Cwmorthin Terrace ruins, near Tanygrisiau

Link to French translationCwmorthin Terrace ruins, near Tanygrisiau

The picturesque remains of this row of quarry cottages have inspired countless artists and photographers. The last surviving chimney was saved by a community fundraising effort in winter 2013-14.

The terrace was built by the Cwmorthin Quarry company in two stages. The first eight houses were erected in the 1860s using dressed stone. Five more were built of slate blocks in the 1870s. The later houses have survived in better shape than the originals. Also visible are remains of outhouses for toilets and other uses.

Slate quarrymen and their families rented living quarters here. The 1881 census records the names of 72 people who lived in 11 of the cottages. Two cottages were empty on census day. One was later reoccupied but the other, in the centre of the row, seems not to have been used again as a residence. The youngest inhabitant was one month old, the oldest was quarryman Robert Richards, 59. Not all were directly engaged in quarry work, housekeeping or attending school. One lodger was an unemployed bookbinder, another was an engine driver. An 11-year-old girl was classed as a domestic servant.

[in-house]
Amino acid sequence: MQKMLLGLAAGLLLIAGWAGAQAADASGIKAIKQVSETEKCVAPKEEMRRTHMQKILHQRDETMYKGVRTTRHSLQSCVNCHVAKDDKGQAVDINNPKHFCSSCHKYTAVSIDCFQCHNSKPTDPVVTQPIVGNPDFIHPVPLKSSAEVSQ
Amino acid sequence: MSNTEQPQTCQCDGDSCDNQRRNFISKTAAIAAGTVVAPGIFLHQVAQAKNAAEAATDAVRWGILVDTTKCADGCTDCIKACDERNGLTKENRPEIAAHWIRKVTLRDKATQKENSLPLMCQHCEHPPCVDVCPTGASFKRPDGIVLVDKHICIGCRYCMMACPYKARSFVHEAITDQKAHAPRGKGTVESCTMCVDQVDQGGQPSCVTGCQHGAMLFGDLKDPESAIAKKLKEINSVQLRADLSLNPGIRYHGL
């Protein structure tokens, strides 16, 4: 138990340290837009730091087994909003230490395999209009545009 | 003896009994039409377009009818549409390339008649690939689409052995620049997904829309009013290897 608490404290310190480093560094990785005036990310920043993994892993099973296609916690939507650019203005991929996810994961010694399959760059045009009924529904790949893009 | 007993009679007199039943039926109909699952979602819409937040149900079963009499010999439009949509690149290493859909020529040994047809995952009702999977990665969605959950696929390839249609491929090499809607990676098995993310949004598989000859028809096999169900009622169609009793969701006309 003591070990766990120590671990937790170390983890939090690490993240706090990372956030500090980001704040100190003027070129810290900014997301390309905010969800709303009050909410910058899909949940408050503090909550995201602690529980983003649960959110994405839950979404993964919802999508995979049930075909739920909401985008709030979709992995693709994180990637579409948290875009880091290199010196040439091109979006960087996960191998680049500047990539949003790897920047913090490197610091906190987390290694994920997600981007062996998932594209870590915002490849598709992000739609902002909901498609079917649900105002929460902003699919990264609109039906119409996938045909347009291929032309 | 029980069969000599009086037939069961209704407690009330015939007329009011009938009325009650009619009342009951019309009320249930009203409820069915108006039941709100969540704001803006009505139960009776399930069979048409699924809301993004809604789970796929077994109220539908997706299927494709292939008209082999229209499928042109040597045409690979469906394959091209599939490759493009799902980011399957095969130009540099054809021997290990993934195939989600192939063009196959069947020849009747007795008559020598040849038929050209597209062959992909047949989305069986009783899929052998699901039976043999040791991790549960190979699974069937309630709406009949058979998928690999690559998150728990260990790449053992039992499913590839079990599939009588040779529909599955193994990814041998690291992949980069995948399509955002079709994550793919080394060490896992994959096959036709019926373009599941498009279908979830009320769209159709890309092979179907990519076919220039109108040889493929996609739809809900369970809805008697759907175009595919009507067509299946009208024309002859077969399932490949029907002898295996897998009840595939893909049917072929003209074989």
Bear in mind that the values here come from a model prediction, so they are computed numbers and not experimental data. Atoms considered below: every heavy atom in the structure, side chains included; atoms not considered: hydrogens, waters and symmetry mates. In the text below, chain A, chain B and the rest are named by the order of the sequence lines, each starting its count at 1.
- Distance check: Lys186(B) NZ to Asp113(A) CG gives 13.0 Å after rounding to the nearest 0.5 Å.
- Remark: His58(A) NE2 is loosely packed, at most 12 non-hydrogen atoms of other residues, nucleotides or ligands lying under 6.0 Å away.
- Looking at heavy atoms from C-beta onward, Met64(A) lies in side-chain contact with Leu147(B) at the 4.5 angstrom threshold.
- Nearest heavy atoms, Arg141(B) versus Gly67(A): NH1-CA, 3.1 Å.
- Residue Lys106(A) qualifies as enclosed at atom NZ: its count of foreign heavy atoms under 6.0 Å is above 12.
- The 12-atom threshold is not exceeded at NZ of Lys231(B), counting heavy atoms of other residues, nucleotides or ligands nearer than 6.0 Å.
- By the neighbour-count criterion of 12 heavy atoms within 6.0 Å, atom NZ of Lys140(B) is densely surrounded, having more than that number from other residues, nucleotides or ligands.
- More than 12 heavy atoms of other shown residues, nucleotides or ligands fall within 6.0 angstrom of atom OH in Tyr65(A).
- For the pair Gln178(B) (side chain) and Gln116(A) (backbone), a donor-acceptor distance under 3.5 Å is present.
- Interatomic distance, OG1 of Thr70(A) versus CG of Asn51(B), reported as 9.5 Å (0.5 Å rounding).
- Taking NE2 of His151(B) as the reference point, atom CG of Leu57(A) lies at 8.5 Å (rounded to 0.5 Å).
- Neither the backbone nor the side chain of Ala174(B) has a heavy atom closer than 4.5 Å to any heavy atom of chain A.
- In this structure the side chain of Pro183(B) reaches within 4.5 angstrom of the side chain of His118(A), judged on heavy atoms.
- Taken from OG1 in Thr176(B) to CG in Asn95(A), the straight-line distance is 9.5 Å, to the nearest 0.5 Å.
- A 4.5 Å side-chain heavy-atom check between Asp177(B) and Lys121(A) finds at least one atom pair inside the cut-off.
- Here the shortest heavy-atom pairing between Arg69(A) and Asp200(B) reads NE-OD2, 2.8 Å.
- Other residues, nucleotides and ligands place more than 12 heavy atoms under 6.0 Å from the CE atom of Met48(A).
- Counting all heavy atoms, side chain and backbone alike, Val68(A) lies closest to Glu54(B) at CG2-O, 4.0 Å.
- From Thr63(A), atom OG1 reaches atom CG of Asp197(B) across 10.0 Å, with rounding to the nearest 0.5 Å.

By the 1911 census, the terrace was also known as Tai’r Llyn (“Houses of the Lake”) and only three of the cottages were in residential use. In 1935 the last inhabitant, Carwena Elias, moved to nearby Dolrhedyn.

In autumn 2013 an urgent appeal was launched after structural engineers advised that the last chimney standing, of the five along the slate-built row, was at risk of imminent collapse. By December more than £3,000 had been donated by local residents and organisations, enabling the chimney to be preserved while other funds were sought for longer-term conservation of the ruins.

With thanks to Mel Thomas

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